At first glance, the programme for the Orchestra of the Age of Enlightenment’s latest visit to Oxford seemed a bit predictable. The great triumvirate of the late 18th-century German tradition – Haydn, Mozart and Beethoven – dominated the evening, as they so often do. But it would be surprising if anyone left the Sheldonian Theatre feeling that this was a predictable rendition of these well-known classics. The dazzling concert did justice to the trio’s virtuosity and mischievous sense of humour. The audience were also given a rare chance to hear the work of a less well-known, but no less fascinating, figure: Joseph Bologne, Chevalier de Saint-Georges, widely regarded as the first classical composer of African lineage.
Promotional materials displayed an orchestra seeking to break stereotypes of what it means to be a classical musician. Members of the OAE dominate the posters, holding banners bearing slogans such as, “Not All Orchestras Are the Same.” Their singular and absorbing performance exemplified this outlook, though their entrance and low-key presentation betrayed none of the fireworks that were to come. Before the concert began, musicians sauntered around the floor of the Sheldonian, admiring the glorious ceiling, chatting and waving to audience members. In contrast to the starchy formality of some orchestras, the OAE were strikingly relaxed. Even their conductor, Sir Roger Norrington, shuffled on with hands in pockets, grinning modestly and exchanging a few words with the principal strings.
This laidback preparation only served to create a greater contrast with the performance itself. With Haydn’s Symphony No. 83, the orchestra sprang into a frenzy of activity. Every note was imparted with a searing energy, with each tutti rest or pause becoming a breathless moment of anticipation. The playful, dance-like quality of the work’s first movement made it the perfect opening. Norrington’s engaging style brought out the unifying theme of the programme, comedy, by emphasising each quirk and quotation in Haydn’s witty writing. The second movement hinted at something darker, while the third’s joyful minuet evoked the Esterházy ballroom for which the composer created much of his work.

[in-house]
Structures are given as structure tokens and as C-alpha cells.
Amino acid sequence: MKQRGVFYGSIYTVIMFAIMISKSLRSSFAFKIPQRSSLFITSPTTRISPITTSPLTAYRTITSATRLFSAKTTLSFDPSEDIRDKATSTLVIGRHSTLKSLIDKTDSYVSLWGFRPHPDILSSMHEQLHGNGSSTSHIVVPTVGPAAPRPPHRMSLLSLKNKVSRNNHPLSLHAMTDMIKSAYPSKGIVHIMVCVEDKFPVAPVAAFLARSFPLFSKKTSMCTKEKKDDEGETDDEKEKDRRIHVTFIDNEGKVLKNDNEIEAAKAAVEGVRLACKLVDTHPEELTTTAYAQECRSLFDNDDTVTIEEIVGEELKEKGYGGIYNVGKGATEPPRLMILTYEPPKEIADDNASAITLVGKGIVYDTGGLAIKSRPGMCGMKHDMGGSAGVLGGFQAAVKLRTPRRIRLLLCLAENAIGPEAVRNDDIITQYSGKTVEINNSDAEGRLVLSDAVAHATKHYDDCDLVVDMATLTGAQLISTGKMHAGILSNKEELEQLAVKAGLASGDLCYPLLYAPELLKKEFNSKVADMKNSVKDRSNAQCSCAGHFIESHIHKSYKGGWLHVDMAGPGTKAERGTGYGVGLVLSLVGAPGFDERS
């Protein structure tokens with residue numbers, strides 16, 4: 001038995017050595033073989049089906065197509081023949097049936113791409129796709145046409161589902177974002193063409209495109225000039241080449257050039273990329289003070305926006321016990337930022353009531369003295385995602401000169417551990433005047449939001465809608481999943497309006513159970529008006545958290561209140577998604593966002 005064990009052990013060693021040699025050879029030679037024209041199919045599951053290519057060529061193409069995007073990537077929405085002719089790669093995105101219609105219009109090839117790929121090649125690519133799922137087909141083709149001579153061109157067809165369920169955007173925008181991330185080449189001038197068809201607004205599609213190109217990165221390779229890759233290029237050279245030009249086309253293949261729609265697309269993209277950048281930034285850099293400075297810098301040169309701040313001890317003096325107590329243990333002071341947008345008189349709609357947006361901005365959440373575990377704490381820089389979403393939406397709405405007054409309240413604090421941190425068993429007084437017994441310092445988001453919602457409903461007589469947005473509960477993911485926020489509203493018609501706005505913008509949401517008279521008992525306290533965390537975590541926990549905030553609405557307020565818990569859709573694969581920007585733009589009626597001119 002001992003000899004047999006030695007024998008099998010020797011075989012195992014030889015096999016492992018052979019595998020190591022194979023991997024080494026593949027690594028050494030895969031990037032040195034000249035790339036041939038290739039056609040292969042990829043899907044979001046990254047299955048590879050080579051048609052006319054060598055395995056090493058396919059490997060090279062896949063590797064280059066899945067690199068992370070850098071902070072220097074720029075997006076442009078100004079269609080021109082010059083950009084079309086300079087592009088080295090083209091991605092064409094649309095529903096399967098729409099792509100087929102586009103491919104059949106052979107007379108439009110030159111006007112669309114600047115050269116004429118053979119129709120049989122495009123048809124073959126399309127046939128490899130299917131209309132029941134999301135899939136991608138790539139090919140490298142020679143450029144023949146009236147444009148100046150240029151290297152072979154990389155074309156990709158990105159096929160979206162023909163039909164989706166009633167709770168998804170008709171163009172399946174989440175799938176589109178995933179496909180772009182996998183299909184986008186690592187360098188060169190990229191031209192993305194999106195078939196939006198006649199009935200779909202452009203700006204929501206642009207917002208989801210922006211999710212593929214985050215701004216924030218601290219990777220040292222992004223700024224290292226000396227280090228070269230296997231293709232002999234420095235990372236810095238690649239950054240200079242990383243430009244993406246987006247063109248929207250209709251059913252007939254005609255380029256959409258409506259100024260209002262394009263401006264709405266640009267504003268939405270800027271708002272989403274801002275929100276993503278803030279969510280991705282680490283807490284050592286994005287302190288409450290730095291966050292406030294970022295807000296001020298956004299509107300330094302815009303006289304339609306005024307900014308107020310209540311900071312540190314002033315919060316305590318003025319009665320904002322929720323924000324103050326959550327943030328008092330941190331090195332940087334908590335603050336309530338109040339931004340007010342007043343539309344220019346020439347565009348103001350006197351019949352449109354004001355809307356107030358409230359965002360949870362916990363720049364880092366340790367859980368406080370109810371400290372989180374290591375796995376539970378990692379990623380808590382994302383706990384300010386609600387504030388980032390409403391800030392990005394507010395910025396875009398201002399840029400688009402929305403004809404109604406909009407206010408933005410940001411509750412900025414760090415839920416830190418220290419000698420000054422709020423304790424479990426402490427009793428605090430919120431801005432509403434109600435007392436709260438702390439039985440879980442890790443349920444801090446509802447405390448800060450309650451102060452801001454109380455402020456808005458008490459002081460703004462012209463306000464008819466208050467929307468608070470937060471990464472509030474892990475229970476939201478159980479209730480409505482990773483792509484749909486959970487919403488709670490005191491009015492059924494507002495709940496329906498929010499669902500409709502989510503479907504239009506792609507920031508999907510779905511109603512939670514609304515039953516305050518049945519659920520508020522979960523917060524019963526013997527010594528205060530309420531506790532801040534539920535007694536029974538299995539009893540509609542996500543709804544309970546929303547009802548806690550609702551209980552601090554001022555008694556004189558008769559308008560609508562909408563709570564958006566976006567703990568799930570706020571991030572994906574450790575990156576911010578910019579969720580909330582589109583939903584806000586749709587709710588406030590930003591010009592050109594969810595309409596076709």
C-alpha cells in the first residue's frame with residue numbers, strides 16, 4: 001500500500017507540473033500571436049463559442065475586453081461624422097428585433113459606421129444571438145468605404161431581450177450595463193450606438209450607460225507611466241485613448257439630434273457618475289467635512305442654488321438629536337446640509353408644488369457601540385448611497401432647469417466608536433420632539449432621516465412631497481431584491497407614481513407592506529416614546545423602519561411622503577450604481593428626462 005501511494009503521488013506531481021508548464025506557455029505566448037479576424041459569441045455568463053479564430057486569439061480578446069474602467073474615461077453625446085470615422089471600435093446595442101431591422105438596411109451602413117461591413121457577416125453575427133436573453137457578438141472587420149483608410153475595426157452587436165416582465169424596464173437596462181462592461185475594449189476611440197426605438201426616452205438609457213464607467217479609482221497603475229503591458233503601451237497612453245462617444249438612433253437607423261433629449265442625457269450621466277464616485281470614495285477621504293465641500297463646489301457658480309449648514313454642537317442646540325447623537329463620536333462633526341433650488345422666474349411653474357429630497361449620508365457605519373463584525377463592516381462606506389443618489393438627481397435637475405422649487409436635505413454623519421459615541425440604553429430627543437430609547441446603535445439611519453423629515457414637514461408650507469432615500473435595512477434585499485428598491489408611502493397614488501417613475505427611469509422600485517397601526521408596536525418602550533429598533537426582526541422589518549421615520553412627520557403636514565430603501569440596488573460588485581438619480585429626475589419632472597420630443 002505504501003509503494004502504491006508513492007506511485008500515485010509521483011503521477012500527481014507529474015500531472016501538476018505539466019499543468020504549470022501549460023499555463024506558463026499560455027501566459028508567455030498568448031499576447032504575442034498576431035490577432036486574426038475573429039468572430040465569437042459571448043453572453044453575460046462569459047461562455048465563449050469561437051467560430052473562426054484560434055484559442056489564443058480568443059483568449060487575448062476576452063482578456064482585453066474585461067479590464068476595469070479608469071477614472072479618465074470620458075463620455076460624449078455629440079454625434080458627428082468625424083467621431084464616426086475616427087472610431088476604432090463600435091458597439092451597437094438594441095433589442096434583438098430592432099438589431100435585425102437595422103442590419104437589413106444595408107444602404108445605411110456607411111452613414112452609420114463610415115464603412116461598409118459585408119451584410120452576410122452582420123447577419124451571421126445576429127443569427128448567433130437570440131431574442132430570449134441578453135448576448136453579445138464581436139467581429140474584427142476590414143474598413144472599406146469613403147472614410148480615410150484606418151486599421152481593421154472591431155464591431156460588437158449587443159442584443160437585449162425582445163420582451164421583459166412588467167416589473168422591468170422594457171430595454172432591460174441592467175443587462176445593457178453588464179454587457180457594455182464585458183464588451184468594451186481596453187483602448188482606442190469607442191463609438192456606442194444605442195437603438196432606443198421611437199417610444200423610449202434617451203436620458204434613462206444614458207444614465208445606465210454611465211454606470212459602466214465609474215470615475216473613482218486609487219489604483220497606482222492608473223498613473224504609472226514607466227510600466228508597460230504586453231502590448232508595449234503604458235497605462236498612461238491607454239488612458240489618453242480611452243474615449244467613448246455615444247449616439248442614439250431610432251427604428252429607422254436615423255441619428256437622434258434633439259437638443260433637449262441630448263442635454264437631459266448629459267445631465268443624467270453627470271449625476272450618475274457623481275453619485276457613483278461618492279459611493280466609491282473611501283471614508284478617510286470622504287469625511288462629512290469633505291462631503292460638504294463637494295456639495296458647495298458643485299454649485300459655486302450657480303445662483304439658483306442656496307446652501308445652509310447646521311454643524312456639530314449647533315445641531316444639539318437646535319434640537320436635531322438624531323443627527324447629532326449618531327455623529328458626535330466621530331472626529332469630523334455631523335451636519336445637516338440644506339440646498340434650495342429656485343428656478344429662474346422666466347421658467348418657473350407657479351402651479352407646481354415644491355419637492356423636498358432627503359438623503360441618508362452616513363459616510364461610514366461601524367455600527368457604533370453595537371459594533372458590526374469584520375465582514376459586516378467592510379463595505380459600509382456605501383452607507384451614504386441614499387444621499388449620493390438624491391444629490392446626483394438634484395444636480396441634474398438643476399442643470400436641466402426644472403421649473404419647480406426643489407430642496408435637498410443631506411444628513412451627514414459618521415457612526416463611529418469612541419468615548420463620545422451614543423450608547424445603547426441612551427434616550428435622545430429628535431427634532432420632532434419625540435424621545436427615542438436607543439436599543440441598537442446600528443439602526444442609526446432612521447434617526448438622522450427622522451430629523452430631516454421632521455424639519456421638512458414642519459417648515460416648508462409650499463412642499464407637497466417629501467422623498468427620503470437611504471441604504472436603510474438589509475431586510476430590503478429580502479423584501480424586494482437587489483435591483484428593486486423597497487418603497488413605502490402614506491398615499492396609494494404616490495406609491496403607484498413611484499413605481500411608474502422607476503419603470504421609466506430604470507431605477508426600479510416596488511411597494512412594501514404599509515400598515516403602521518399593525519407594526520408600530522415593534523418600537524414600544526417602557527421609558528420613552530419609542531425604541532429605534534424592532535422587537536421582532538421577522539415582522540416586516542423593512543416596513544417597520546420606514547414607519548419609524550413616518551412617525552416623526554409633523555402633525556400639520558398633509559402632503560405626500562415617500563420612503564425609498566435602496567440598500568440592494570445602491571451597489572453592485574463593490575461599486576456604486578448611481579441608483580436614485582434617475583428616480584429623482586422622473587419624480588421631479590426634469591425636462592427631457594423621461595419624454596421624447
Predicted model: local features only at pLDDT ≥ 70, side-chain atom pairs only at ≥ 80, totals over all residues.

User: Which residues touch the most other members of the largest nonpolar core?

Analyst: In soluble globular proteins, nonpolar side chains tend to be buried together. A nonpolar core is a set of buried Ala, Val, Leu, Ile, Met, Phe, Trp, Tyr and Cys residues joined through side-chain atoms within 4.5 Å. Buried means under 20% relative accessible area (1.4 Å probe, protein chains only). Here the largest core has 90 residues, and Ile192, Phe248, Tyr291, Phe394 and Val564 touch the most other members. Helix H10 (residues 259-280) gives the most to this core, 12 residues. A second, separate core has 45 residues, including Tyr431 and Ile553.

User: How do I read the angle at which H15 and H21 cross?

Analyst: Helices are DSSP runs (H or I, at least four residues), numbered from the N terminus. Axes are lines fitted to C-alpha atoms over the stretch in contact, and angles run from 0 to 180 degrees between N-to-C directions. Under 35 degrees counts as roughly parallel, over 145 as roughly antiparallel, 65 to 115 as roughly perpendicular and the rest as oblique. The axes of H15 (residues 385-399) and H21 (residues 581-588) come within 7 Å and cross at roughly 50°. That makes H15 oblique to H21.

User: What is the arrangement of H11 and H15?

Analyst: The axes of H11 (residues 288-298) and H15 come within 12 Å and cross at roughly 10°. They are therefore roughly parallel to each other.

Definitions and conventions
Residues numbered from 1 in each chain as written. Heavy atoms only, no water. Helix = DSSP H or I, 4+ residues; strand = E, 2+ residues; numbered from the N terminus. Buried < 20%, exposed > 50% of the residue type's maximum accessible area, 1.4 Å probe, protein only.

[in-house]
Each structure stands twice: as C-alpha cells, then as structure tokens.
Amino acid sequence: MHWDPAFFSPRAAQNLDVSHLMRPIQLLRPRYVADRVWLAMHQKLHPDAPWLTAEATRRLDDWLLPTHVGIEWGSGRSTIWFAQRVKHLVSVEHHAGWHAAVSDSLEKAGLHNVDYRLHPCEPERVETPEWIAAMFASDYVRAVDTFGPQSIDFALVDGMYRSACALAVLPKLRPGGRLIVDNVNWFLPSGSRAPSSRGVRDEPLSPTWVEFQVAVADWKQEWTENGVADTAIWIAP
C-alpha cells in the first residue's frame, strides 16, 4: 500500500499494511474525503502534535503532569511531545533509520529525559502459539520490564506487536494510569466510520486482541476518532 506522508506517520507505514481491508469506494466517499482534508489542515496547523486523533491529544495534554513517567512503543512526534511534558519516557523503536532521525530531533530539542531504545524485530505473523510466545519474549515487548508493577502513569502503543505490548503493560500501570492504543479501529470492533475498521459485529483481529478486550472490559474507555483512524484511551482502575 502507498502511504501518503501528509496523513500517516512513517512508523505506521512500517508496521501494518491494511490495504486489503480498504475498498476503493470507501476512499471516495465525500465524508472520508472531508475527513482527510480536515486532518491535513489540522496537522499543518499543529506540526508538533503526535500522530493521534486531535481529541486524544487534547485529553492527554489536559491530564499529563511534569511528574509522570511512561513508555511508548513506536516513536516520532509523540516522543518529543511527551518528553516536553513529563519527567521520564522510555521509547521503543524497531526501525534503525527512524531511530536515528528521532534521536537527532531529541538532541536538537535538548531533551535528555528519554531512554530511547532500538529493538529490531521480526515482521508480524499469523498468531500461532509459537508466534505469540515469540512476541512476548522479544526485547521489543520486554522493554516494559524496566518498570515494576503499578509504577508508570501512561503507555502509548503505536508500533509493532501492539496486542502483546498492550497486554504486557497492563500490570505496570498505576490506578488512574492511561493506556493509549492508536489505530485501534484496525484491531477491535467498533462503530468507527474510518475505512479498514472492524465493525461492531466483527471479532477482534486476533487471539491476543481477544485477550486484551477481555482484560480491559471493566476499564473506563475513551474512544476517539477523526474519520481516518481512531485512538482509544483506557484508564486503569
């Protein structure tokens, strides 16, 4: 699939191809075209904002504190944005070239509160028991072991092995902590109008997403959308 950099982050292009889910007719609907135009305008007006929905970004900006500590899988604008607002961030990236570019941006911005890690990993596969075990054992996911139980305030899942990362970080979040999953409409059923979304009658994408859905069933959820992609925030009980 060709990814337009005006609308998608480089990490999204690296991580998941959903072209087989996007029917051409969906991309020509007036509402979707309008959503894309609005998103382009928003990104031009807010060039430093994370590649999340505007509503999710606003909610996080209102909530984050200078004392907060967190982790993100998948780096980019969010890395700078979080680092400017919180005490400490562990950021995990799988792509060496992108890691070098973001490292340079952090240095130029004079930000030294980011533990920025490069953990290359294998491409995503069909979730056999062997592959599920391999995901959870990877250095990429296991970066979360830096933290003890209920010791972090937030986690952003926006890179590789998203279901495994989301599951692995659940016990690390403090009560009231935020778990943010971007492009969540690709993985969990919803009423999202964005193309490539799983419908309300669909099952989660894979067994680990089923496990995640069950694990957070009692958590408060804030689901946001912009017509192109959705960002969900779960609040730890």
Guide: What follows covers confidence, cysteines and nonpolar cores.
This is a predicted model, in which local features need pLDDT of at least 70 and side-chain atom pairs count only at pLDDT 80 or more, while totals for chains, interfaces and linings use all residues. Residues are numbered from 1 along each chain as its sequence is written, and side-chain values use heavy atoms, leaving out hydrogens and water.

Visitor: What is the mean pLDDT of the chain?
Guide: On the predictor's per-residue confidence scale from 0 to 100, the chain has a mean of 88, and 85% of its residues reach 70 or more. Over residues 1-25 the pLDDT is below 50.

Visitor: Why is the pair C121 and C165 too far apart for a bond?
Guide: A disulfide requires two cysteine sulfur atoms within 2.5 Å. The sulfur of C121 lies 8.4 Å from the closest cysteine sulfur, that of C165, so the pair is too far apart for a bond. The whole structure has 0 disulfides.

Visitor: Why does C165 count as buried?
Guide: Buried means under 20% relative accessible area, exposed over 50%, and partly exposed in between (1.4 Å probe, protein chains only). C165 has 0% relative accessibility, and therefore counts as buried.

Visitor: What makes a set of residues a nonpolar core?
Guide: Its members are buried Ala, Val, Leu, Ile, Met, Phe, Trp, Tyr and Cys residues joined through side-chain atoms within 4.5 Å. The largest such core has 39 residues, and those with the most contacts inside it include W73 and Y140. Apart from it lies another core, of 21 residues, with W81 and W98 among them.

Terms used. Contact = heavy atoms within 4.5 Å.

Here, horns provided warmth to the texture, while the flautist’s range of tones and colours in different registers always created subtle changes in light and shade. The tranquil atmosphere at the end of this movement was swiftly dispelled by the start of the next, where a vigorous string motif teemed and multiplied before evolving into a grand introduction. The drama of the finale was accentuated by the orchestra’s impressively unified sound, aided by Norrington’s direction. Comedy was apparent even in this tumultuous ending, with the conductor gleefully glancing over his shoulder after the final note, to suggest that we were in on the joke.
Mozart’s much-loved Concerto for Flute and Harp followed. Despite the engaging interplay between soloists Lisa Beznosiuk (flute) and Frances Kelly (harp), the ensemble felt rather subdued in contrast to what had come before. Though attentive, their desire to follow the nuances of the soloists led them to lose the instinctive fire that had characterised the Haydn.
The second half began with an overture from the Chevalier de Saint-Georges. As Norrington explained at the end of the interval, Saint-Georges was an integral part of the musical salons of Paris towards the end of the 18th century. He conducted the premiere of the Haydn symphony we had heard earlier, and he lived in the same house as Mozart during the latter’s unhappy sojourn in the French capital. The OAE’s rendition of his overture, L’amant Anonyme, earned its place alongside his better-known contemporaries, with its energy and clarity rivalling Haydn’s. A slower contemplative section offered a chance to hear the orchestra convey a different mood, before the piece closed with formidable speed and power, led by the irrepressible bass section.
Against this context, Beethoven’s compositional innovations were immediately apparent. His Second Symphony was so skilfully and emphatically interpreted that each movement drew multiple waves of applause from the audience. The finale was particularly impressive, providing a blissfully anarchic close to the evening. Each string chord was a gut wrench, every timpani interjection a heart-stopping thunderclap. The movement gained huge momentum before one of the quietest climaxes I’ve heard in the concert hall: one serene piano chord, which evoked a seemingly limitless space. Norrington then whipped the orchestra back up to full fury, to conclude in a bombastic chorus, a suitable end to a concert buoyed by wit and excellently executed shifts in dynamic. It would be no surprise if the Orchestra of the Age of Enlightenment’s performance is considered the most uplifting of the Sheldonian’s season.
For more information about the OAE, please visit their website.